LAS VEGAS — Retail has emerged as one of the most important verticals at the Consumer Electronics Show here. New devices on the show floor help consumers engage with brands and purchase. You can't even mention drones without discussing how Amazon is considering them as delivery vehicles.
Big trends from CES this year include the proliferation of smart devices, voice activation and virtual reality. Even when these features do not enable immediate purchase via the device, they point the consumer in the right direction to make it happen.
Here are some key CES highlights and takeaways for connected shopping:
Voice command integration. Voice command is creating a tremendous opportunity to make shopping faster and more convenient. We’re seeing increased use of voice recognition as technologies such as Amazon Echo and Apple's Siri are embedded into other devices. In fact, one of the big announcements from CES was the integration of Echo into a major automotive brand, so that you can use the Echo to check on your car from the house (or vice versa) or shop while on the road.
Virtual reality. VR provides retailers a lot of benefits: to showcase a product from different angles, for example, or show what that product might look like against different backgrounds. When buying something expensive online, VR can help you make up your mind. Travel booking is a great example — wouldn’t you love to take a VR tour of a resort before making that reservation? Or think about dining: When you’re at a restaurant, seeing what other people have ordered can influence your decision. This year VR is getting a major push from Oculus Rift (it just became available for pre-order Wednesday).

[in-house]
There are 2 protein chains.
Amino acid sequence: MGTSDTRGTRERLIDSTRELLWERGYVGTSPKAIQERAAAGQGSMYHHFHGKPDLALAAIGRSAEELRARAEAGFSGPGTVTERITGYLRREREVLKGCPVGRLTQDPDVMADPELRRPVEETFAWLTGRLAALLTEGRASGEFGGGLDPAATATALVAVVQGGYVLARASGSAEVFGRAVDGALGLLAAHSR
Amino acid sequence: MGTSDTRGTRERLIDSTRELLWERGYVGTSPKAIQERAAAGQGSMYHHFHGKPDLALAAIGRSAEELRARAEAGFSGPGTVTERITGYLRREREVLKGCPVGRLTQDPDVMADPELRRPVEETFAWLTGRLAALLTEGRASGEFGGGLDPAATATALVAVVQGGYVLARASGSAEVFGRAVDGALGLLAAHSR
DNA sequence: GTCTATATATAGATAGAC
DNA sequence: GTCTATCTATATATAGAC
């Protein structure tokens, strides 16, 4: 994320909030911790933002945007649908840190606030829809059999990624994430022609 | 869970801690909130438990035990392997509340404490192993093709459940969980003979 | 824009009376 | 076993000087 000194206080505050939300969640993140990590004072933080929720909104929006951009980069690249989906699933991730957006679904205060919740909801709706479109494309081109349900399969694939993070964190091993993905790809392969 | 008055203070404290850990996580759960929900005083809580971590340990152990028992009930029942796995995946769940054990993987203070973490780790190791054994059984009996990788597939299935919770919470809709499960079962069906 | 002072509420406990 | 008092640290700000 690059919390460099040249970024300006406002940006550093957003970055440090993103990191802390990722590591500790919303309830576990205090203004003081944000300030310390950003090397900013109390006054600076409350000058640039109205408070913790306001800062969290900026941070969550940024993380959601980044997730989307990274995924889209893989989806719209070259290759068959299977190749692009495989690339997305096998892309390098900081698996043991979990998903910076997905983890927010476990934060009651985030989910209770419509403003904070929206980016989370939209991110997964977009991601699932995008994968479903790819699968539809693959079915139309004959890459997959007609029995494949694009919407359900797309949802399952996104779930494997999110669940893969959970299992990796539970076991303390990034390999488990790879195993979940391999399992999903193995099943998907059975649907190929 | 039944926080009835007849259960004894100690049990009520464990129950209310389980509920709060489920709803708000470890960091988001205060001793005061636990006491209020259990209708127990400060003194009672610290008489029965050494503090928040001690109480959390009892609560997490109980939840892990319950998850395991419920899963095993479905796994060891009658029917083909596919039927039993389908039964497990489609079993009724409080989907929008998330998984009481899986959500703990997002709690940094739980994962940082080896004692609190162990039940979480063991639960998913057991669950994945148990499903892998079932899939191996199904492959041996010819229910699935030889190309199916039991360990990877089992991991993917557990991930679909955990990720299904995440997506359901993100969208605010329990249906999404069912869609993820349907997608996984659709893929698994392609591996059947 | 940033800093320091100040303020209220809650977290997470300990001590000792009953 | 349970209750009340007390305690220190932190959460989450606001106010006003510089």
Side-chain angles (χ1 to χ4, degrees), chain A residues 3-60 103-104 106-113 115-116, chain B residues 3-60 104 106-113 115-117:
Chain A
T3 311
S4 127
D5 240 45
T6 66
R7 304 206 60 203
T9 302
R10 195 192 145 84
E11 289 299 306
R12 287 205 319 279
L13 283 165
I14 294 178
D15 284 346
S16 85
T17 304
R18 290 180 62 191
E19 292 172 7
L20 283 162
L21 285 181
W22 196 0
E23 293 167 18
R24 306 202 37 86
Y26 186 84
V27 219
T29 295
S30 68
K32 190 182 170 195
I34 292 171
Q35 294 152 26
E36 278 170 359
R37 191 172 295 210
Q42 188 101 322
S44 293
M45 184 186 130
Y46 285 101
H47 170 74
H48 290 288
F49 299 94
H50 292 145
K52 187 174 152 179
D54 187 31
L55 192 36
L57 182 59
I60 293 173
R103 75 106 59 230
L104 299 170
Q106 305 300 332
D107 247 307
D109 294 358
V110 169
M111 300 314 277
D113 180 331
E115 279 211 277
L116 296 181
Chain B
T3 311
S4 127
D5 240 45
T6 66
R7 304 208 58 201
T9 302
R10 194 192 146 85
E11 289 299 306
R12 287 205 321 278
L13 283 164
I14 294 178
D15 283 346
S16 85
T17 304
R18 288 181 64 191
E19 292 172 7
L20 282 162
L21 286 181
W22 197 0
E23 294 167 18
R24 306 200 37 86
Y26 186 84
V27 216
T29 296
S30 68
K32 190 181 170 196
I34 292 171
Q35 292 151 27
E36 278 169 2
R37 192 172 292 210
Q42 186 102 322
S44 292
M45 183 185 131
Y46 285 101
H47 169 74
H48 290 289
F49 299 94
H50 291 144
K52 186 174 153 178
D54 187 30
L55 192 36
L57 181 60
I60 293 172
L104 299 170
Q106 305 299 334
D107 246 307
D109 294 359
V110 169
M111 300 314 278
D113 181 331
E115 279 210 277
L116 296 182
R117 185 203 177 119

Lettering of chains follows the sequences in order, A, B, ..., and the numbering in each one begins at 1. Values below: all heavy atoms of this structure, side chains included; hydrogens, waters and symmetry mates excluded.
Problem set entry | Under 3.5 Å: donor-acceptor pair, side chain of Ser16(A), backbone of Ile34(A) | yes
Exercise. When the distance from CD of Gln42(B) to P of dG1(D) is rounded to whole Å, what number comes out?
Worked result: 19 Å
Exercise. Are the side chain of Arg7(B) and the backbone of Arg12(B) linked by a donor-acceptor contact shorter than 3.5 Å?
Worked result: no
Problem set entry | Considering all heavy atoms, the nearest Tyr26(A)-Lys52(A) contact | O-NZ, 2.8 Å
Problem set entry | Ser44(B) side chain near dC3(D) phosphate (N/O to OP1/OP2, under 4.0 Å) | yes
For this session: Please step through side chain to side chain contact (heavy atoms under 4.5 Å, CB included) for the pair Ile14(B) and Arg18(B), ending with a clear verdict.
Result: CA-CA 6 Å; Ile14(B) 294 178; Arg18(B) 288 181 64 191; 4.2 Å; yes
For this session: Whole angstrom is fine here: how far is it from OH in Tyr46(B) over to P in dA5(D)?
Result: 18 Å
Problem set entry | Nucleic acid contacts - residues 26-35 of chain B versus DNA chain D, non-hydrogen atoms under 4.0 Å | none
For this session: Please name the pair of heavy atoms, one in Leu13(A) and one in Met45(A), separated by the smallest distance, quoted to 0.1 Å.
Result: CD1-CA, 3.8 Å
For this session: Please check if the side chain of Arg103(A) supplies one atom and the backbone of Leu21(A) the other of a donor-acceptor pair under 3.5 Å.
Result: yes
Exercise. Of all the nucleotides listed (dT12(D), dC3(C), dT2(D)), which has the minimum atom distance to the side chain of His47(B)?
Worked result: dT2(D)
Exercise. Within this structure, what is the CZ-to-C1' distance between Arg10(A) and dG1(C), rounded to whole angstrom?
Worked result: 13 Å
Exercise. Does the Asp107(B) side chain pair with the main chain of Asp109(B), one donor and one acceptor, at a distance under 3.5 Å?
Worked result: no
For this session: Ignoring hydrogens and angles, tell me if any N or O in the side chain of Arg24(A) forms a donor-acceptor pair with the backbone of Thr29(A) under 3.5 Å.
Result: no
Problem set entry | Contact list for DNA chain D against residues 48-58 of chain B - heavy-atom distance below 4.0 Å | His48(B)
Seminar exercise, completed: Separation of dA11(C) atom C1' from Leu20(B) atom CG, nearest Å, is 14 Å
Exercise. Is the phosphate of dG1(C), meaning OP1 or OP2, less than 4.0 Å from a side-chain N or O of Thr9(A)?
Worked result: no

Connected devices. "Smart fridges" are not a new idea, but this year's crop at at CES offer enhanced capabilities that range from turning transparent (so you can see what’s inside without opening the door) to purchasing groceries through a large touchscreen display. Consumers like convenience, and depending on how the technology unfolds, the potential for commerce to replenish the fridge is there.
The basics. Despite all the novelty at CES 2016, retailers can't afford to ignore the basics. Leveraging new wow-inspiring technology is for naught if you can’t provide an easy fulfillment experience for the consumer. When people can’t easily make the purchase they were promised, it damages your brand; those consumers often don’t come back to your platform, no matter how cool or new the technology is.
The future. A lot of what we’re seeing on the show floor likely won’t reach mass scale in 2016 (though 2018 or 2019 is a different story). Instead, brands can — and should — experiment with executions on a smaller scale, even if it’s in just a few stores. CES isn’t just a time for considering what’s next this year; it’s a time for dreaming bigger and planting the seed for what will happen two or three years from now.
As marketers and consumers alike continue to redefine the "point of sale," the once simple ideas of in-store versus online will get much more muddled — and that much more exciting.
Joe Migliozzi is managing director of Mindshare's Shop+ Lead.